By Ashley Kennedy | Friday, January 30, 2015
Let’s face it: Handheld cameras means shaky footage.
And now that every phone, tablet, and digital device seems to shoot video, handheld video comprises a lot of what’s out there.
This week’s Video Post Tips Weekly shows you how to counteract camera shake by stabilizing wobbly footage in Premiere Pro, Final Cut Pro X, and Avid Media Composer.
By Ashley Kennedy | Wednesday, January 21, 2015
When working in large video-editing projects, you constantly need to locate various project materials—whether it be a sequence, a specific clip, a precise frame, or the physical media files on your drives.
Rather than hunting and pecking through your bins, folders, and drives to find what you need, tap into the useful searching and locating tools built into the software.
By Ashley Kennedy | Thursday, December 18, 2014
“Vignette” is one of those classic French words that has permeated the English language on a number of levels.
In the world of film, the vignette has been one of the most common lighting techniques for decades. And in recent years, digital post-production workflows have made the video vignette easier to create than ever before.
In this week’s Video Post Tips Weekly, we explore how to create vignettes in both Premiere Pro and Final Cut Pro X. And in this article, I’ll show you the merits of using different types of vignettes—as well as when the technique might become overused or cliché.
By Ashley Kennedy | Thursday, December 11, 2014
Whether you’re speeding up or slowing down your video footage, changing shot timing is a common editing function in all sorts of video projects.
However, instead of altering speed from scratch (where you determine the rate conversion manually), it’s often useful to be tactile about this operation—that is, by simply grabbing onto your shots and stretching them out or shrinking them down to match a particular duration in the timeline (where the editing software determines the rate conversion automatically).
In addition to this technique—called speed trimming—there’s also the ability to “Fit to Fill,” which allows you to edit a shot into a marked duration in the Timeline and force a specific speed change.
In this week’s Video Post Tips Weekly, we’ll explore some speed trimming and Fit to Fill strategies in both Premiere Pro and Final Cut Pro X.
By Ashley Kennedy | Saturday, December 06, 2014
When you break out your video camera at this season’s holiday gatherings, consider shooting something with more creative potential than just a hodge-podge of the day’s events.
With a house full of family members (a true captive audience!), there are so many fun things you can try—many of which can be turned into great gifts down the road, even if you just have a simple camera phone and limited editing skills.
Here are some ideas to try for great storytelling with family video.
By Ashley Kennedy | Thursday, November 27, 2014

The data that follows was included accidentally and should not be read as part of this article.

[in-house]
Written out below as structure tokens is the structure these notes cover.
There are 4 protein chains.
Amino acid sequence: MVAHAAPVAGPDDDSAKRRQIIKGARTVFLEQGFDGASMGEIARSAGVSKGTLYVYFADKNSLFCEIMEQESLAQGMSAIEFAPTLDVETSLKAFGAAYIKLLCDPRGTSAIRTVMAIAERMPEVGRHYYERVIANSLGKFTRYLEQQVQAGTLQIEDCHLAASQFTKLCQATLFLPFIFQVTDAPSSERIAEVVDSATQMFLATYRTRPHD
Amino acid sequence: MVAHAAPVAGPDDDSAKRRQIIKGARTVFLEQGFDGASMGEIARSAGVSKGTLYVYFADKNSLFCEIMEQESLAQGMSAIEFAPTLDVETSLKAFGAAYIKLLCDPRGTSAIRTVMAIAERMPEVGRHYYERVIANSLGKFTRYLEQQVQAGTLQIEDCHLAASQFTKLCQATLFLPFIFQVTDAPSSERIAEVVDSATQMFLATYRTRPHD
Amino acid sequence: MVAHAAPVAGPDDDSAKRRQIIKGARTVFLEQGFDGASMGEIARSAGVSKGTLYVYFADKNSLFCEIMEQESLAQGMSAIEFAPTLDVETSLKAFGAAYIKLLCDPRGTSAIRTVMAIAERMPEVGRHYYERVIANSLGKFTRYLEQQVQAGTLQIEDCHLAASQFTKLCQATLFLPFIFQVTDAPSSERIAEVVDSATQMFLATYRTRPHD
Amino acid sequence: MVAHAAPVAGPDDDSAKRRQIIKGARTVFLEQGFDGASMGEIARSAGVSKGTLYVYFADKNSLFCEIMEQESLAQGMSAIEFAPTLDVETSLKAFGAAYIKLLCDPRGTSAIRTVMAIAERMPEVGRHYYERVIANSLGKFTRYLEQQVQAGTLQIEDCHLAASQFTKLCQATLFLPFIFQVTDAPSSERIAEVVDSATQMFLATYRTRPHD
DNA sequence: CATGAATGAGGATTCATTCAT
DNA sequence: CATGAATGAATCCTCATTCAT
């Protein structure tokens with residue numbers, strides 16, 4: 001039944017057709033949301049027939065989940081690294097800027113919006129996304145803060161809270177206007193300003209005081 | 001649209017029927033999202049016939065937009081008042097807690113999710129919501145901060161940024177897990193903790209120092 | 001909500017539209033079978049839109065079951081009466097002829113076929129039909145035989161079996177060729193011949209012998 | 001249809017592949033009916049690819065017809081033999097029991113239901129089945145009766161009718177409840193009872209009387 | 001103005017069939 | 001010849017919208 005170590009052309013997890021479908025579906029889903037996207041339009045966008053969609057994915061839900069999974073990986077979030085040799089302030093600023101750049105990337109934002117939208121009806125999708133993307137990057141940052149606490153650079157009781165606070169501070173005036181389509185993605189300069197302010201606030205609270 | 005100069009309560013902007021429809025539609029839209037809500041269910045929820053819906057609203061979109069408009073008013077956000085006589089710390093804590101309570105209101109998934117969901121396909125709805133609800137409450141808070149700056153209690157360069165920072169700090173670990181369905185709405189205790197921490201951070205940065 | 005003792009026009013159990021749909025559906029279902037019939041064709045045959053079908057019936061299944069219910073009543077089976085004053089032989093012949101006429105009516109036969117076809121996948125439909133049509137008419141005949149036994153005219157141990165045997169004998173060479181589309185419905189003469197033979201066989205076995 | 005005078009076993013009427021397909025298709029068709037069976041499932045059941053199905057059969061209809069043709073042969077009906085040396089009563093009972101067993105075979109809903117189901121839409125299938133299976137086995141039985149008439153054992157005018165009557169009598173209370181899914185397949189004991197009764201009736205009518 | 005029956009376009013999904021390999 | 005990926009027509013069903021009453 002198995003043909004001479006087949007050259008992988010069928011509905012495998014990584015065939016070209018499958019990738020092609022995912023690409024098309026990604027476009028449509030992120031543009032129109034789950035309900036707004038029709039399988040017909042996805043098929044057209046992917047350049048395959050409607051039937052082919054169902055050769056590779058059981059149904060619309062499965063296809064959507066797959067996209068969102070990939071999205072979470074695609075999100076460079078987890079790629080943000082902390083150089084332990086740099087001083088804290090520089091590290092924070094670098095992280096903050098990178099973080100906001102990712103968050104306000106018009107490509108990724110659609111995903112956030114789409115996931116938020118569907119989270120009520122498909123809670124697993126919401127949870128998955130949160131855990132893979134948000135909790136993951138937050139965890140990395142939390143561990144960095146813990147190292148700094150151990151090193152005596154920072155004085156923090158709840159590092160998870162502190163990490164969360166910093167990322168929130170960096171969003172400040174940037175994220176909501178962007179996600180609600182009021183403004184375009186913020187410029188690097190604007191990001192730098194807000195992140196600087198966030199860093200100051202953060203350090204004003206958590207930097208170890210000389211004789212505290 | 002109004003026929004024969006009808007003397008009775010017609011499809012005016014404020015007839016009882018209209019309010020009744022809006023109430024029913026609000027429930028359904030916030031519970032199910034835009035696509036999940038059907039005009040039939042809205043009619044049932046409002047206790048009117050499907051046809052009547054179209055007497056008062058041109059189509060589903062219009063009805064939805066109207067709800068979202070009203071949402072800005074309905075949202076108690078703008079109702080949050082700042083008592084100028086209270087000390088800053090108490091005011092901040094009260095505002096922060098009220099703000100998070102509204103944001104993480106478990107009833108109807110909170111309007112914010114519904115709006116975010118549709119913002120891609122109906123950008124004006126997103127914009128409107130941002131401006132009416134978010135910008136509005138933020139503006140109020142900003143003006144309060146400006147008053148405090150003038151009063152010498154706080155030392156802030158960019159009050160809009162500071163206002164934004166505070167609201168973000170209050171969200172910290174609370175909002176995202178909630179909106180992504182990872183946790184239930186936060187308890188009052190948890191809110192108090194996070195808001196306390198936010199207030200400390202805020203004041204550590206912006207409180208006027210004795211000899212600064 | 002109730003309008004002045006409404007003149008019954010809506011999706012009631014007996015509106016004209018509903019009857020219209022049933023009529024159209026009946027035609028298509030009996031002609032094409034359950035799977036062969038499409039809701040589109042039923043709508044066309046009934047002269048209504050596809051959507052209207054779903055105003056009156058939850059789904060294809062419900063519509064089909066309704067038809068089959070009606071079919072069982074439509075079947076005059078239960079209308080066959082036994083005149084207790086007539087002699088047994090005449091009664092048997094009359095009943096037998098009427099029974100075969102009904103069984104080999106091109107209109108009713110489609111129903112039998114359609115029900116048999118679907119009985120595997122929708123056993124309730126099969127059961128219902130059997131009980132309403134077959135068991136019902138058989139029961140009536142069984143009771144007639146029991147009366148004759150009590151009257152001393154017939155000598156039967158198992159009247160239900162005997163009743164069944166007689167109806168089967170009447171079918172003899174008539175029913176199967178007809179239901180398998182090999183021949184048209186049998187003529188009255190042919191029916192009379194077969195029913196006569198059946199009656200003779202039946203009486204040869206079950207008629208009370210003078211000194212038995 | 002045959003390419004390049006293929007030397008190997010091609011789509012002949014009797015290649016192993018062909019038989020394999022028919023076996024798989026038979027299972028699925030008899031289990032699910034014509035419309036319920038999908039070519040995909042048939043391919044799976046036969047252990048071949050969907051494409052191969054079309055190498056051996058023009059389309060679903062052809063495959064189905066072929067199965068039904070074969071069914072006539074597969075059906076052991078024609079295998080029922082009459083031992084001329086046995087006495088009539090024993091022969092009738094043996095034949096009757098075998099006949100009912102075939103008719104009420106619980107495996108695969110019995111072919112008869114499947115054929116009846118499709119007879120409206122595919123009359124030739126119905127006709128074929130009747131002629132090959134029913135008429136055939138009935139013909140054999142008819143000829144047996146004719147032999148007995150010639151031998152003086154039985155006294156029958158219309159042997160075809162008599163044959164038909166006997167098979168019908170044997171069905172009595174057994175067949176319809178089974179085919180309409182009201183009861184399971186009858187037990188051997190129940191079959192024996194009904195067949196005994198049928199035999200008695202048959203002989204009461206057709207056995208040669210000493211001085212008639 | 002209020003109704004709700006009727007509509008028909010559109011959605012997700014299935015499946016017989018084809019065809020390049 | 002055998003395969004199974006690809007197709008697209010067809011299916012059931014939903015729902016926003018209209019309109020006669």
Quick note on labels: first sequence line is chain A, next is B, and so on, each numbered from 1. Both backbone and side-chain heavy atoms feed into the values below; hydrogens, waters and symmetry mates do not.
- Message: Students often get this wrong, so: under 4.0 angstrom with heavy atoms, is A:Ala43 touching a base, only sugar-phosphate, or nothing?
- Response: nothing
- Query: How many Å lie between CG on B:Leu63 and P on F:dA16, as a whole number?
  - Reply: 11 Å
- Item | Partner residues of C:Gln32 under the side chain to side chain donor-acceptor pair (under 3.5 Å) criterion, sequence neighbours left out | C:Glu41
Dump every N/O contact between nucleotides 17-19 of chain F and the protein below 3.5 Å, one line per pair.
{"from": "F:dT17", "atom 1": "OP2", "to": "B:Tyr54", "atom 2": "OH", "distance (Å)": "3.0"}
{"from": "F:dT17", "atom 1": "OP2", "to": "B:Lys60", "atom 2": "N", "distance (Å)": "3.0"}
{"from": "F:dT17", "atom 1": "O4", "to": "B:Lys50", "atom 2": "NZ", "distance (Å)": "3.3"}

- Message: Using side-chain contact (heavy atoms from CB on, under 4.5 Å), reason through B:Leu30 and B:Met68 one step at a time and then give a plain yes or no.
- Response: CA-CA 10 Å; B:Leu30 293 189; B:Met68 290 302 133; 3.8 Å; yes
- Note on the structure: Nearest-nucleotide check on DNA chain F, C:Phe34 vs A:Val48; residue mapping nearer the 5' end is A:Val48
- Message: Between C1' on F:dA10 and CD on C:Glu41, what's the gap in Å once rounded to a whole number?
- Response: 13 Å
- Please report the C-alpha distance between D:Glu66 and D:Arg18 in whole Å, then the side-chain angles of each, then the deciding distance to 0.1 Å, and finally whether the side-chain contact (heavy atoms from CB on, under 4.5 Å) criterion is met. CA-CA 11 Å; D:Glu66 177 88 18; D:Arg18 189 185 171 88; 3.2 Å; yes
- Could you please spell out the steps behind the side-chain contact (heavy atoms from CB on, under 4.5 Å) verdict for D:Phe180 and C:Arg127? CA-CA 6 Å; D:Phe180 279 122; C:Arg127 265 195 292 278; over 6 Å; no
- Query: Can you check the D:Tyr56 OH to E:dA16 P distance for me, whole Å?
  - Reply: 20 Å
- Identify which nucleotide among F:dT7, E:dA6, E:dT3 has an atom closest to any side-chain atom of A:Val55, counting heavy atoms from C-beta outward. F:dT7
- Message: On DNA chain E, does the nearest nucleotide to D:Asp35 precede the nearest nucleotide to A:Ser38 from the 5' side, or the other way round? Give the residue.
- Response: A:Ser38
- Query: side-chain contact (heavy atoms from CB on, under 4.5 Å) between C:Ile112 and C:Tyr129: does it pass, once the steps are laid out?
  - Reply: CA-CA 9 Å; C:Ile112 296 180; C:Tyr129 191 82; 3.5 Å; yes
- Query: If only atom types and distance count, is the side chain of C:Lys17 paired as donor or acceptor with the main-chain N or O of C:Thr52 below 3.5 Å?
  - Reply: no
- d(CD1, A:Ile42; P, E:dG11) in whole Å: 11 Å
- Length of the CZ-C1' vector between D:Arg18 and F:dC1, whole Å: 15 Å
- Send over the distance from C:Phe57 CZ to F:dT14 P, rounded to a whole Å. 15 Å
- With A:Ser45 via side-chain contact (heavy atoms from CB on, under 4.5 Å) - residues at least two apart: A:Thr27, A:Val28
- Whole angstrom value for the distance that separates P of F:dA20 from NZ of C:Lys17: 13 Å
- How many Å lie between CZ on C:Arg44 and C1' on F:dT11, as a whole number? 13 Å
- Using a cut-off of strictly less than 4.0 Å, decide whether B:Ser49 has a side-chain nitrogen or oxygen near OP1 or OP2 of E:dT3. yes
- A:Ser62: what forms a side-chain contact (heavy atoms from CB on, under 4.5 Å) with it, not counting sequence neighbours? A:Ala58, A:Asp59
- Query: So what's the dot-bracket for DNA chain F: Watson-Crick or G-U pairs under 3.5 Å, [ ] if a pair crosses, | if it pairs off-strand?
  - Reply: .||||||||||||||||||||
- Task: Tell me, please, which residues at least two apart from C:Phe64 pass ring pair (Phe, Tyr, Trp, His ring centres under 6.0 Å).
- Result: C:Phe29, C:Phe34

Blend modes are the secret weapon of countless graphic artists.
Simply put, they allow you to combine multiple opaque layers and assign each layer a degree of transparency, which results in various types of blending. This lets you composite images, shapes, text, and other elements to build worlds of creativity—and are a common tool in programs like Photoshop and After Effects.
But did you know blend modes can also be a useful color correction tool in video editing software?
In this week’s Video Post Tips Weekly, we’ll explore how you can use blend modes to correct overexposed footage in both Premiere Pro and Final Cut Pro X. Next week, we’ll look at how to do the same thing for underexposed footage.
By Ashley Kennedy | Thursday, November 20, 2014
In video editing, it’s important to have smart strategies for labeling and searching your video clips —especially since we often work with projects that contain hundreds of clips.
It’s also important to do as much work as possible on the front end to help minimize time and effort on the back end; that way, you’re not constantly hunting and pecking through your bins for the perfect shot during the creative process.
By Ashley Kennedy | Wednesday, November 12, 2014
When video editors start out, we often view our editing projects as islands of creativity—with our project files and media assets living alone on a single system. When we export the project and hand it off to the client, we assume that’s the end, and it’s time to move on to the next thing.
If only it were so easy.
In an increasingly collaborative world, it’s likely that at some point you’ll need to hand off a project, or a specific subset of a project, to another editor or colleague. This means moving the project files containing your sequences and all of your organized folders, bins, and clips—as well as all of the associated media—to another system so your collaborator can access your edits and work on the project further.
In this week’s Video Post Tips Weekly, you’ll get video editing tips on transferring an entire project, a partial project, or even a single sequence in both Premiere Pro and Final Cut Pro X.
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